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I probably do around 100 projects a year, 80% being bespoke. I wish I had time to mess about with stuff like this but experience has taught me, KEEP IT SIMPLE!

When you return in 3 years to make changes, you thank yourself.
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Old March 15th, 2019, 07:28 AM   #9
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Quote:
I agree about trying to make the installations easy to troubleshoot, but if they have to enter the program for that, that's already a big hurdle for a lot of maintenance people.
Maybe going a bit off-topic here...but a lot of young sparkies here these days can only use the PLC code as their troubleshooting of default, many cannot even read an wiring diagram....
They get a fault on the plant, go to the programming PC, find the input that is stopping the plant, go to the panel, get the input, pull the wire out the trunking til they find the source, leave the panel hanging like a dog's dinner..but they have got the plant going. Or they force the input on or off, or jumper round it in the code, depending on their needs.

I once tried to make some file moves for alarms to simplify the required logic and save memory. Lasted a couple of weeks -"oh we don't understand how that works, can you break it down into individual bits?" so I had to rewrite it into multiple outputs per rung, so the maintenance guys could understand in simple bits only. They were blind to words...........
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Old March 15th, 2019, 10:18 AM   #10
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Quote:
Originally Posted by janner_10 View Post
I probably do around 100 projects a year, 80% being bespok

100 project a year? You are a work beast !

Quote:
Originally Posted by JohnCalderwood View Post
Maybe going a bit off-topic here...but a lot of young sparkies here these days can only use the PLC code as their troubleshooting of default, many cannot even read an wiring diagram....
Once I saw a maintenance technician jump instantly on his laptop PC, connect it to the PLC in order to search for a default , the HMI was telling "default: no air". He did not find why. The main valve of the machine was closed.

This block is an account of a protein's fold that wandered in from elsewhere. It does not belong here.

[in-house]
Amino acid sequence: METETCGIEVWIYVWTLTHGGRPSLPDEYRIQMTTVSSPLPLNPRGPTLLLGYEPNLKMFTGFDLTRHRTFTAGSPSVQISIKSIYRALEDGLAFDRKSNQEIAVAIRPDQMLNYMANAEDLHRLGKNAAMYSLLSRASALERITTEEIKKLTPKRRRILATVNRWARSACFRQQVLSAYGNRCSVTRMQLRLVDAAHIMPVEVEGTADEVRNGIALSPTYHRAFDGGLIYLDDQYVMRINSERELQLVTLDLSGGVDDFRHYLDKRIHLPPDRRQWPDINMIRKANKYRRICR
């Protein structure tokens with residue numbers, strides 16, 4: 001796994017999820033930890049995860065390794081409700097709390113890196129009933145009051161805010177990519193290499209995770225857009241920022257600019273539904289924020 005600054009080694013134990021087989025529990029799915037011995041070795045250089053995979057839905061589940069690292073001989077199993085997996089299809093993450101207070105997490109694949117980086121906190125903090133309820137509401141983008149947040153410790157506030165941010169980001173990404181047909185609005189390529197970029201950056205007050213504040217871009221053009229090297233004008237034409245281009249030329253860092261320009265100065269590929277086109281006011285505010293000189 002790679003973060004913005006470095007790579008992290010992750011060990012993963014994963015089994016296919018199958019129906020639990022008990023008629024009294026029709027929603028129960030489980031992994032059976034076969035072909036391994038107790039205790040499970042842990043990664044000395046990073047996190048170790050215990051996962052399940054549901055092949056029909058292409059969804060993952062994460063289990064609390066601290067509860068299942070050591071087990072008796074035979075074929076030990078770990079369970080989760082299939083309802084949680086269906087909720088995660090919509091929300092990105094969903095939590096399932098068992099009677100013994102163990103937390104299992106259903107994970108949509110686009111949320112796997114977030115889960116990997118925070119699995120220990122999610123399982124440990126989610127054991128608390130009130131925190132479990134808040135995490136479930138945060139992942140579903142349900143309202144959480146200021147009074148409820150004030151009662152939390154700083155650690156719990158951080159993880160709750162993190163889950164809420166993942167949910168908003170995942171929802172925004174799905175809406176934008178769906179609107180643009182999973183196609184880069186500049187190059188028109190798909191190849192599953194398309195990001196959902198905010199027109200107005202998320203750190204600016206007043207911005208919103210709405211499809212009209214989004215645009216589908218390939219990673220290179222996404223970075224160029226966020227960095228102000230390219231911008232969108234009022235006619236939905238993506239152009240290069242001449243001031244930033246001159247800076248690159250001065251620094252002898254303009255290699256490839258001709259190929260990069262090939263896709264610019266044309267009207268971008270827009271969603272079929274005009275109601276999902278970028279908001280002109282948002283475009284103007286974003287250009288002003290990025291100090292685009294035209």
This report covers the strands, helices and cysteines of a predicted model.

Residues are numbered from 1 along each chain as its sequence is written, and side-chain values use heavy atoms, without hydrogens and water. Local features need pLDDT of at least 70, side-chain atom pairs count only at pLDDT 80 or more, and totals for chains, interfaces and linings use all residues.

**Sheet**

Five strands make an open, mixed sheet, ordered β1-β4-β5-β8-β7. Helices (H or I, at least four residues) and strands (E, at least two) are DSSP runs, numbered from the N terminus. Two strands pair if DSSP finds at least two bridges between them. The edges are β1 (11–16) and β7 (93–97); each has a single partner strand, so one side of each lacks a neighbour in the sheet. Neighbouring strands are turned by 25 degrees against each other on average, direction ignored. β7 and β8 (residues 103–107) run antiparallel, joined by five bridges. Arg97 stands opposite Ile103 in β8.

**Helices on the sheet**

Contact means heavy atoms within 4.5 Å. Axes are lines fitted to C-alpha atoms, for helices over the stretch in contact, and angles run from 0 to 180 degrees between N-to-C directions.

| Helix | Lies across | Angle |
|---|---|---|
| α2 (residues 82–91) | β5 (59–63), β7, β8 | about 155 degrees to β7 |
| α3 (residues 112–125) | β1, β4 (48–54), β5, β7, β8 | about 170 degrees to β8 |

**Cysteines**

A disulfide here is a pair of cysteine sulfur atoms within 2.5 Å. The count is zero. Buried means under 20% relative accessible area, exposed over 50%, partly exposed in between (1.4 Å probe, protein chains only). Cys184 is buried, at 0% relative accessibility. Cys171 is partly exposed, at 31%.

When you are programming, you have to comment and document to help people understand it, but you can't make the whole program based on the premise that it will be read everyday for troubleshooting.
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Old March 15th, 2019, 10:25 AM   #11
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I have to spend a lot of time travelling shorts distances to jobs. At first it bothered me thinking how much work I needed to be getting done and I am stuck on the road for 3 hours at a time.

I had to keep telling myself "Paul, you are getting paid to drive around in a brand new truck with air conditioning and listen to the radio..."

Now I spend that time listening to 80's metal, which I consider to be quite self indulgent.

On the subject of programming style, with ladder logic, I am pretty disciplined. I may occasionally use indirect addressing or some advanced style of sequencer, but only where it fits and I comment the heck out of all of it. With HMI programming I may experiment with some obscure things occasionally leaving things in place that are not exactly straightforward. Since we use mostly Red Lion HMI and Ignition for PC based SCADA, it is pretty quick easy to go back and simplify things if I find I have done something "over the top".
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Old March 15th, 2019, 10:28 AM   #12
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Iner,

I do not know how to reply with quote, but yes, it does happen.
when your customer is a tier 1 supplier to the automotive industry and the machine downtime is about to cost them $10,000 a minute (this is the actual penalty from an automotive plant) when full production starts up and you have a $1,000,000 po on hold because of this issue, the machine will get reprogrammed.